The young lady featured with me in the photo above is my friend E.Â I met E 11 years when she came to the United State as an au pair.Â My then husband and I hosted her for 13 months. During those thirteen months she helped care for my son and provided me with much needed sanity, fun, laughs and love.Â She wasn’t my first au pair, nor was she last, but she was definitely one of the best.Â She became a member of our family.
E came back to visit us a few weeks go. We hadn’t seen her in eleven years. She is now 30 years old, owns her own home and is a mother to her own 8 year old son. Having her with me, again, for two weeks caused me to feel nostalgic and reflect on how blessed I was to have her in my life, how much she helped me, the love she gave my son (and still does only now he is 15 not 3!).Â My son is now a wonderful soon to be 15 year old boy and I am quite confident that I have her (and our other au pairs) to thank, in part, for who he is. The love and care they gave to him when I was not able to (due to working a demanding job) will never be forgotten and in fact, is seen, daily, in his smile andÂ heard in his voice.
As nearly all things do, her visit caused me to reflect on adoption. There is no obvious connection to cause me to think adoption. She is not adopted, not a birth mother, not even aware of the American concept of adoption since in her culture – Swedish by nationality and Iranian by blood – it is more foreign to her than the USofA.Â What caused me to think adoption is the very fact that she HELPED me raise my son.Â She did not take him from me, did not claim her as her own, she helped me, the mother, raise my child.Â That thought made me think of adoption, more specifically, reform and family preservation.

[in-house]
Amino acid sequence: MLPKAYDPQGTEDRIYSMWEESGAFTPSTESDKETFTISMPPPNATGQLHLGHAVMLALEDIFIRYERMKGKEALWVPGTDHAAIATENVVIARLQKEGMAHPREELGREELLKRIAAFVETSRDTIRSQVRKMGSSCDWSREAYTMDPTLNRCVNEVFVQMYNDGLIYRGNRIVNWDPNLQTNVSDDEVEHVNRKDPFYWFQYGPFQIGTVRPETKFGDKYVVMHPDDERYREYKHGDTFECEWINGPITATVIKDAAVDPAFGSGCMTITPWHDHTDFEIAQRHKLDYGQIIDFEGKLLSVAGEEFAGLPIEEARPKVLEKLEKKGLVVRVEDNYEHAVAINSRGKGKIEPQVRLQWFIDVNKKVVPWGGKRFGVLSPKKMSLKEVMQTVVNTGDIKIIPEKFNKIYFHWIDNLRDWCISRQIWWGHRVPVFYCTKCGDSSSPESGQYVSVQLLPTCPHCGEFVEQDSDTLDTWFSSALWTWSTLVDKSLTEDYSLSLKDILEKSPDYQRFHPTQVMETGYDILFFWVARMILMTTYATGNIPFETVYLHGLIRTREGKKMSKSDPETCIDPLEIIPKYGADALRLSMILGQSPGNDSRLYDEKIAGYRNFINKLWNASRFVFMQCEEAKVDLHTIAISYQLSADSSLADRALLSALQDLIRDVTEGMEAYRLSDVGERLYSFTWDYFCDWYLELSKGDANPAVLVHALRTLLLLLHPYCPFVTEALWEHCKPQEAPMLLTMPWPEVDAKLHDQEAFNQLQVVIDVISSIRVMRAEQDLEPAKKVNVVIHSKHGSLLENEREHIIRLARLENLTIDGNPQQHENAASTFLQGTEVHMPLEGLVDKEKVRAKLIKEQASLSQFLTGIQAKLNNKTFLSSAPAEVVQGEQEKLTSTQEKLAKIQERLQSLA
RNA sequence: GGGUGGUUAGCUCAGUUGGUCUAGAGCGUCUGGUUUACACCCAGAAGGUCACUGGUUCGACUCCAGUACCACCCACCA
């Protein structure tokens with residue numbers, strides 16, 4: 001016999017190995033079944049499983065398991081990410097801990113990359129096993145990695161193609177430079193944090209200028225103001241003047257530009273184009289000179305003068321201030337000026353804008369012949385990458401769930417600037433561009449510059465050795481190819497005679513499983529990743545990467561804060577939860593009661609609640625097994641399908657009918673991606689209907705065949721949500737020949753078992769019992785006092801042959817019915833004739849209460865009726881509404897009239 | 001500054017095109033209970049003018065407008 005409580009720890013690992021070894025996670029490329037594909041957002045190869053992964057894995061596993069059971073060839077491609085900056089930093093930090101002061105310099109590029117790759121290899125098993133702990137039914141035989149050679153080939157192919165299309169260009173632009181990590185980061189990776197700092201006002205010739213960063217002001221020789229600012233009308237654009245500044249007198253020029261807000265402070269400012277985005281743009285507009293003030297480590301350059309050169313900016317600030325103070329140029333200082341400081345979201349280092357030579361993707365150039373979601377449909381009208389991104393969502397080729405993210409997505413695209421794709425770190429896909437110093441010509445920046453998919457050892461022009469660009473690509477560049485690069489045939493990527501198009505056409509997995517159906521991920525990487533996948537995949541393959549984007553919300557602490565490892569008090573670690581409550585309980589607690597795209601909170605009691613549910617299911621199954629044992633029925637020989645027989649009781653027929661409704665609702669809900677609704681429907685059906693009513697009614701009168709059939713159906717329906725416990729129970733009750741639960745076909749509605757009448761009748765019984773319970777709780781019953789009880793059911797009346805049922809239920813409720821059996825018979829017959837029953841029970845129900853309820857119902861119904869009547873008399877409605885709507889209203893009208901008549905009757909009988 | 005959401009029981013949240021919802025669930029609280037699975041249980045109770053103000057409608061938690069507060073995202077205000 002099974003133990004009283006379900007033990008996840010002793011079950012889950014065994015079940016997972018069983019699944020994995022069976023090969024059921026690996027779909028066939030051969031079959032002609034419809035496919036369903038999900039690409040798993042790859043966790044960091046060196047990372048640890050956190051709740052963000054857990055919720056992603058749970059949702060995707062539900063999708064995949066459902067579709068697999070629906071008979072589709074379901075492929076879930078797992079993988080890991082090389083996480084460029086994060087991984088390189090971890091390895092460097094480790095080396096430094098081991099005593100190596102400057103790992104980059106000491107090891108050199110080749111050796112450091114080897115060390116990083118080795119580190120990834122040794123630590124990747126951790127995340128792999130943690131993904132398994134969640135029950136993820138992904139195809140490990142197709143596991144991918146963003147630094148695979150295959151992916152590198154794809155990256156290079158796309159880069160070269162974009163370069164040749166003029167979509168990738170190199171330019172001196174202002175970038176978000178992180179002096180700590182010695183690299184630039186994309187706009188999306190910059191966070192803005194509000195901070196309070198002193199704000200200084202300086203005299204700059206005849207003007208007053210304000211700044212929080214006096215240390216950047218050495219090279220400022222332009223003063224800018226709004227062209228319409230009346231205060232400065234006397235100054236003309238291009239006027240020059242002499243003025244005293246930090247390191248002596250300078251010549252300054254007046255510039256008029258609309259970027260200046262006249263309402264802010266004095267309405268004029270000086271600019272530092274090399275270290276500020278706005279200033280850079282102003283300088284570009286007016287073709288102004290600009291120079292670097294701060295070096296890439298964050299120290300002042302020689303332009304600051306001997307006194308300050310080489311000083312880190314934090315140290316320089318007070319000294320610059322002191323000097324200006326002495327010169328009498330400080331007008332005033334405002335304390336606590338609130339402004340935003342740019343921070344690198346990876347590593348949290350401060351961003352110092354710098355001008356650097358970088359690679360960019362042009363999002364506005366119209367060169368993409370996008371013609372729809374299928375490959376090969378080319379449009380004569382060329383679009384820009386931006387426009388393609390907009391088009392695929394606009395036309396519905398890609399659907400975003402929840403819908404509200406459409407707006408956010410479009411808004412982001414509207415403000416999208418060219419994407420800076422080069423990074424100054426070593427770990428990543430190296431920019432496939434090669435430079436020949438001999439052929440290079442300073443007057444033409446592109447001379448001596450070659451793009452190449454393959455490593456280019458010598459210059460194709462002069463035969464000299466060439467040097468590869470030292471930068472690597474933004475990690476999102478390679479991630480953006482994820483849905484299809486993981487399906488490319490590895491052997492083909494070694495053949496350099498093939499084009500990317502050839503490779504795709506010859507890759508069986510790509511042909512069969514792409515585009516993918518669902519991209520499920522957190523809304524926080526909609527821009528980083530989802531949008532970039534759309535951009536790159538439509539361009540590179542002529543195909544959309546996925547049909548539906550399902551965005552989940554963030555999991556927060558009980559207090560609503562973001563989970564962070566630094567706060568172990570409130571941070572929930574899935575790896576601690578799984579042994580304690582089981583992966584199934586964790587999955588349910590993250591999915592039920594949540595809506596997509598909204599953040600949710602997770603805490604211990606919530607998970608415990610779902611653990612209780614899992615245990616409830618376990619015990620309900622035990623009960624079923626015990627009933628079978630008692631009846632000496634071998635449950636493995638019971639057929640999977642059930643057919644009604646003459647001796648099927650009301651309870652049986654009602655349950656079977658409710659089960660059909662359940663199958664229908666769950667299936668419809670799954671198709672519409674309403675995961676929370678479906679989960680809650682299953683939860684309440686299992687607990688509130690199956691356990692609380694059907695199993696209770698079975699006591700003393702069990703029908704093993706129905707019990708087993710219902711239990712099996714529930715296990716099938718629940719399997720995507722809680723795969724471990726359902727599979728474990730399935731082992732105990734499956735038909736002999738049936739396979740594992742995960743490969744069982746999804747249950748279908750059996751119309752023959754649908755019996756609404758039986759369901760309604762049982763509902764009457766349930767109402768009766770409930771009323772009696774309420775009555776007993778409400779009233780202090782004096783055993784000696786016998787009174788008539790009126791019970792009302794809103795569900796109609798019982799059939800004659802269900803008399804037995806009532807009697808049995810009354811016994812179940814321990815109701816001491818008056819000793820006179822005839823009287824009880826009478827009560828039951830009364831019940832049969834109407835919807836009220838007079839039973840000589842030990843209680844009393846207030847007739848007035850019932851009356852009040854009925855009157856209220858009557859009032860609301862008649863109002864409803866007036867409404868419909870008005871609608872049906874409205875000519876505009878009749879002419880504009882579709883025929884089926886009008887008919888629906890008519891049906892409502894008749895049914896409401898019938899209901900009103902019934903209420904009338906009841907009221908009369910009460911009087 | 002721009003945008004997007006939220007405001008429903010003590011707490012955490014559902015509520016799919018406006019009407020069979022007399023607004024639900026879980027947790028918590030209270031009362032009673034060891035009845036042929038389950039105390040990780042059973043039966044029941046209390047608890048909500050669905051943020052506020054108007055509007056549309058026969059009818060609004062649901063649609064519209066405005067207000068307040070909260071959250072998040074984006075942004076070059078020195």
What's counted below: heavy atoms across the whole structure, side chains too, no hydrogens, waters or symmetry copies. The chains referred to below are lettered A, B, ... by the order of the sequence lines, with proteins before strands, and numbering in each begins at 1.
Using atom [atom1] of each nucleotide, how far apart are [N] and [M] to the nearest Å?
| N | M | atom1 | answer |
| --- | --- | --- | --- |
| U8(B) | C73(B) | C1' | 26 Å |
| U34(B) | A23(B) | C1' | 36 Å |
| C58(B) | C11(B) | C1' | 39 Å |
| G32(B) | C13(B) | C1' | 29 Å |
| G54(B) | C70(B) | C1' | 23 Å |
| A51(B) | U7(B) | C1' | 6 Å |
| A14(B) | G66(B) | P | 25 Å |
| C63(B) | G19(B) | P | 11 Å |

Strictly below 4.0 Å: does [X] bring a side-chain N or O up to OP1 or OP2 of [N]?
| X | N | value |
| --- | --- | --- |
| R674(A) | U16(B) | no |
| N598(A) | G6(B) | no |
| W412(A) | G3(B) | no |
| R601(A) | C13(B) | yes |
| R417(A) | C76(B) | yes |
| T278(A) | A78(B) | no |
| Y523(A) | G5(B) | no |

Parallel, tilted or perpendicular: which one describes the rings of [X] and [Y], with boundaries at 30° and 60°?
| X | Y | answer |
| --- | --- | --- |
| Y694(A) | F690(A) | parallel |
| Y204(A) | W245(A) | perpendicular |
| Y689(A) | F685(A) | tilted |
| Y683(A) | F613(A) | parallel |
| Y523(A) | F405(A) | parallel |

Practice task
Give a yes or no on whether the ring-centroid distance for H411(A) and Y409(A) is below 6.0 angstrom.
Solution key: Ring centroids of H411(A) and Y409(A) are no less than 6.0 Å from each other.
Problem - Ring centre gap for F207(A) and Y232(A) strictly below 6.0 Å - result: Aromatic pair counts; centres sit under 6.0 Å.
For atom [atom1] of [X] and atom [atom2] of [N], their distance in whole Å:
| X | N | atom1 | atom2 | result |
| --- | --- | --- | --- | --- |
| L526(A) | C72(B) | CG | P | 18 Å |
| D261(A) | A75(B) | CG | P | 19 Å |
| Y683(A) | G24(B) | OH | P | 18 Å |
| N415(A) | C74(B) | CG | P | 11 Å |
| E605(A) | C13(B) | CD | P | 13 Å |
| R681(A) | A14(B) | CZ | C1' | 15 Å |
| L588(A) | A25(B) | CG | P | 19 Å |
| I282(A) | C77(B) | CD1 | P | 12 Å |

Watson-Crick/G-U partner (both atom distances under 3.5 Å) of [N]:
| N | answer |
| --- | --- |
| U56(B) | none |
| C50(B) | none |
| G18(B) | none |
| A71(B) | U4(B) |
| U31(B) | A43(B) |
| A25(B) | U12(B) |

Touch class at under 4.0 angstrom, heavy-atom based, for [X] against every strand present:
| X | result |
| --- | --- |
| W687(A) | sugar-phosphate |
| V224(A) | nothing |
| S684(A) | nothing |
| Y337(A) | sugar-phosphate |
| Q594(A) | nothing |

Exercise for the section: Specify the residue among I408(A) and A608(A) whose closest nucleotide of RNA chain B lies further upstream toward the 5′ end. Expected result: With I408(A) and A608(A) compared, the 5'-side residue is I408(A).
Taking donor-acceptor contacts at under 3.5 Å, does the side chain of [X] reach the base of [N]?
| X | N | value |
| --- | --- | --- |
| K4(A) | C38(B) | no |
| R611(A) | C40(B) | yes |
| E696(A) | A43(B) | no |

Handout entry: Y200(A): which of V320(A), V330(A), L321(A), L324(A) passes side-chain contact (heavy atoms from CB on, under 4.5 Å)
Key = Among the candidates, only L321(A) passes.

I focus most of my personal efforts on helping young mothers, expectant mothers, avoid the adoption industry. I donate to organizations that support them. I even sell jewelry and donate proceeds to those same organizations.Â Helping mothers, vulnerable mothers, is ONE side of the coin, or better yet, one facet of the blood diamond trade. I work to cut off the supply.
Adoption is said to be a woman on woman crime. our sisters take our babies and close the adoptions and permit the amending of birth certificates. Oh sure, the larger landscape includes adoption agencies, men, doctors, religious officials. I get that but if you boil it down to what might start an adoption proceeding? You may find an infertile female, one of us, your sister, daughter, niece, who feels she is entitled to the child born to another, to your child, or your grandchild.
Here is the looming question.
Can we truly make progress in adoption without teaching the current and future young women (tweens, teens, college students) about the reality of adoption?Â Or are we? Is someone addressing this demographic?Â If you are the mother of a young daughter, right now, what are YOU doing to change the notion that if you cannot have your own child it is a wonderful thing to go and take the child born to another and claim it as yours and yours alone?Â Can we make any progress with this future demographic if the media and society at large continues to push the adoption Kook-Aid?